When 18-year-old American Ezra Schwartz was gunned down at the junction her guests would have to travel to get to her daughter’s bat mitzvah in one week’s time,Israeli mom Jessica Levine Kupferberg realized this rite of passage was going to be much harder – and more significant – to pull off than she originally imagined.
It felt surreal to worry about the weather and to attempt to help my daughter write her speech while I simultaneously made inquiries about bulletproof vans after friends who came in from America were understandably concerned about their safety.
And then, just two days before the bat mitzvah, just when I thought I could keep it all together, just when I needed the seating chart and the phone number for the hairstylist so I could schedule the curls and braids and up-dos — our party planner is in a terrorist attack, her windshield shattered by a potentially lethal boulder, and she ends up in the hospital in shock.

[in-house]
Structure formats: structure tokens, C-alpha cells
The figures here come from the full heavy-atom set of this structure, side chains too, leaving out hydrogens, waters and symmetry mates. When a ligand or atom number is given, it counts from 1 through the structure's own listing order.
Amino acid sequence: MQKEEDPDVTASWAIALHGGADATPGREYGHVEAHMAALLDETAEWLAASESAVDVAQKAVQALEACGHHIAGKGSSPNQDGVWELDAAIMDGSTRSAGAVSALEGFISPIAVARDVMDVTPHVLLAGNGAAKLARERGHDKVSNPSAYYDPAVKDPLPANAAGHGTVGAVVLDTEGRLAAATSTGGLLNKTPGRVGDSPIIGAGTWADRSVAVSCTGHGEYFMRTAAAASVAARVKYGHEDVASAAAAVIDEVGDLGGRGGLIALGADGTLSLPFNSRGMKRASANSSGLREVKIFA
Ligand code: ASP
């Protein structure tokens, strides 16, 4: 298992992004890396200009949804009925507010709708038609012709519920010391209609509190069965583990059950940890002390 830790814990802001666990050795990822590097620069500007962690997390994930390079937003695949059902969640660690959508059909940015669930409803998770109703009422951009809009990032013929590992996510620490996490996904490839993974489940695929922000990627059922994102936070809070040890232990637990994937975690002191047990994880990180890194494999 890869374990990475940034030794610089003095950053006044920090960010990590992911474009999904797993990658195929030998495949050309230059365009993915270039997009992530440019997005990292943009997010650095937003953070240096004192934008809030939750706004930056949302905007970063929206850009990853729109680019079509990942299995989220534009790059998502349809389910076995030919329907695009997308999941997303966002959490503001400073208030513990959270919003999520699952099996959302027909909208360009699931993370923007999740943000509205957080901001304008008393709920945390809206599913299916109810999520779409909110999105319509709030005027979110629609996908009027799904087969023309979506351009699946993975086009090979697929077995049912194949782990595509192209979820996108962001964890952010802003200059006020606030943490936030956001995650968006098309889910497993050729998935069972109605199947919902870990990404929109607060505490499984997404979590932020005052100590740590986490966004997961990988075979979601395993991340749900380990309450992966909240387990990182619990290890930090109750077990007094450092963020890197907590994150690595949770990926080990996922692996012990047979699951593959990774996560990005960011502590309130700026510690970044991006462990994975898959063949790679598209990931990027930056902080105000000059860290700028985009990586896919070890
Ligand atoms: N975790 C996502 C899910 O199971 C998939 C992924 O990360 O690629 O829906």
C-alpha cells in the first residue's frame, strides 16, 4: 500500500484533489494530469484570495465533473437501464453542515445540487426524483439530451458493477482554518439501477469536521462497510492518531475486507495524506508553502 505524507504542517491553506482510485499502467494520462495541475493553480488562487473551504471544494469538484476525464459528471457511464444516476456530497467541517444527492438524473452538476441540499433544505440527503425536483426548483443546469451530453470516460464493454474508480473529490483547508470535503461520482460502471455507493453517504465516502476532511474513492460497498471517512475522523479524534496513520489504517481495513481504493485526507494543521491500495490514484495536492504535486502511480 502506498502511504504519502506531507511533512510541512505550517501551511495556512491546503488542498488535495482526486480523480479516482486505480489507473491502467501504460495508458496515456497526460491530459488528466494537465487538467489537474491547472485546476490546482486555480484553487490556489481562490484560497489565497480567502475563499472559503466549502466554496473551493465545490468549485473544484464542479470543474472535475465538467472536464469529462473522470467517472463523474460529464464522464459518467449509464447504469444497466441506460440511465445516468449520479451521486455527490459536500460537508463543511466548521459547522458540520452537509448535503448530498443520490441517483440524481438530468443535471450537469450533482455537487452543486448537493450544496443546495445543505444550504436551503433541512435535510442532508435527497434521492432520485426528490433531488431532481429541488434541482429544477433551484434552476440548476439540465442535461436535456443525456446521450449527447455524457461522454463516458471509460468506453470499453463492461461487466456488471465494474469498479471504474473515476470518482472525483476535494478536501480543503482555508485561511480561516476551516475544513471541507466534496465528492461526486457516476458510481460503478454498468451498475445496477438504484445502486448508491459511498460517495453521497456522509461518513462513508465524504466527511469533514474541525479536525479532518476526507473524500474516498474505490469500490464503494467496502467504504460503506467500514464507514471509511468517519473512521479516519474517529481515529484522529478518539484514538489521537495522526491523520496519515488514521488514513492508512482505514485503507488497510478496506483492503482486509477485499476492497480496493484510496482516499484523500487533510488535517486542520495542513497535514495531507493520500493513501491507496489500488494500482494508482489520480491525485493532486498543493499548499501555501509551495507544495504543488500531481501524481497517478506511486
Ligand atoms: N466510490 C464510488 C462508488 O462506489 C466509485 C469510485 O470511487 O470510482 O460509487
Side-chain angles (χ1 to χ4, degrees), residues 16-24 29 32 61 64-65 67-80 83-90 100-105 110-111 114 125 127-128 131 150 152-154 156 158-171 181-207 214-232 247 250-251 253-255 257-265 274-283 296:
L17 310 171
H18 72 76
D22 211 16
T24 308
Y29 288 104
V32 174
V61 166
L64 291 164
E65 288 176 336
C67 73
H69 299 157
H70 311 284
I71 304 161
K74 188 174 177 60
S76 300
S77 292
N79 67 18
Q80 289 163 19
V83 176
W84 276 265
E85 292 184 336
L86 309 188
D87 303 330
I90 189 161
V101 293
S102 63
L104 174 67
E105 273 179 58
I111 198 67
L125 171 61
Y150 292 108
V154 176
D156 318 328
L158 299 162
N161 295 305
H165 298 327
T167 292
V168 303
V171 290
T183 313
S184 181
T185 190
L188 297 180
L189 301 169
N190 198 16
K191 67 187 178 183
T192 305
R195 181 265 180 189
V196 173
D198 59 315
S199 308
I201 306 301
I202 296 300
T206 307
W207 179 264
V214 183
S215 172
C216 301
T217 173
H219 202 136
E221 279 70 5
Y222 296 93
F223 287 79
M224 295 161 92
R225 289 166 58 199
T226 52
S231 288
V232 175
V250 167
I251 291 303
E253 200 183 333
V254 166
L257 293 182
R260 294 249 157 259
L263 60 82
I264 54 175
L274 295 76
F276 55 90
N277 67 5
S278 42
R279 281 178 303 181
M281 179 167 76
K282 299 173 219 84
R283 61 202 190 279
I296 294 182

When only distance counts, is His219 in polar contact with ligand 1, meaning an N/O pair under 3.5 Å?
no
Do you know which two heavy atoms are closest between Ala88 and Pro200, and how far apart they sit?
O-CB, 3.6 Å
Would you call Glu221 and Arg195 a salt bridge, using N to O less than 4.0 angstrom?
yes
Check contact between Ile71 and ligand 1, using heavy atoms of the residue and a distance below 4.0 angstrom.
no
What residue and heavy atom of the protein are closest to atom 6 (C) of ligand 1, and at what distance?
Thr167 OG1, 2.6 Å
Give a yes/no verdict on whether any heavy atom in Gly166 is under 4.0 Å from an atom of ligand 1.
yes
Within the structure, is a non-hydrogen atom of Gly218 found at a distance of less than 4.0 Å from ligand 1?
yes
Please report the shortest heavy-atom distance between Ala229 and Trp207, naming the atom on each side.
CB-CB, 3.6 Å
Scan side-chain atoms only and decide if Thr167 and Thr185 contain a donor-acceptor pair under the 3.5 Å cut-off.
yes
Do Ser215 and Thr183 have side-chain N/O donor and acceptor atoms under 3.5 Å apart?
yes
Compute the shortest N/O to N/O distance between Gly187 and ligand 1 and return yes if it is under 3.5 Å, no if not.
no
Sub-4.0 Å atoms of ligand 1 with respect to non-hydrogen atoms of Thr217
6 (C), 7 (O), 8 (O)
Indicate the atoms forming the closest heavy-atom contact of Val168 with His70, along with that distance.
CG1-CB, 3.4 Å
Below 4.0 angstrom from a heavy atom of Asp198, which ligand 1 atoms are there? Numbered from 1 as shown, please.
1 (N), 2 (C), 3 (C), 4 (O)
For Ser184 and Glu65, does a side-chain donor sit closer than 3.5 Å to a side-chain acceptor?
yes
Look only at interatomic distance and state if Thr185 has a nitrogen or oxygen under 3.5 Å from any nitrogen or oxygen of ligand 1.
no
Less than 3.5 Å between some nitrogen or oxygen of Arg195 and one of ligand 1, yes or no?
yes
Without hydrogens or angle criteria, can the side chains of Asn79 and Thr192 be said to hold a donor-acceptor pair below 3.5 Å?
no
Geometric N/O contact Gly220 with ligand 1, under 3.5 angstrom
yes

And I was done. I went to my room to cry. I snapped at anyone in my path, especially my sweet, excited kids who wanted my attention for the party preparations and I was imploding trying to shield them from all this. And I couldn’t muster up the strength to help my daughter finish the speech she so desperately wanted to finish and practice until it was perfect.
I knew this bat mitzvah bash represented so much to my daughter, our middle child, the bookish one with the deep soul who worried when we made aliyah a year and a half ago that her bat mitzvah party might be friendless and not as special as her older sister’s American one. After all the changes, after moving them to this beautiful, battered country in the middle of a war, I needed to get this right for her, for all of us.
And I wondered again how I could bulletproof this simcha, this rite of passage, how I could inoculate my guests, my family and my kids from the terror and sadness.
Read what happened, and the moving words this mom said to her young daughter on this special, spiritual night.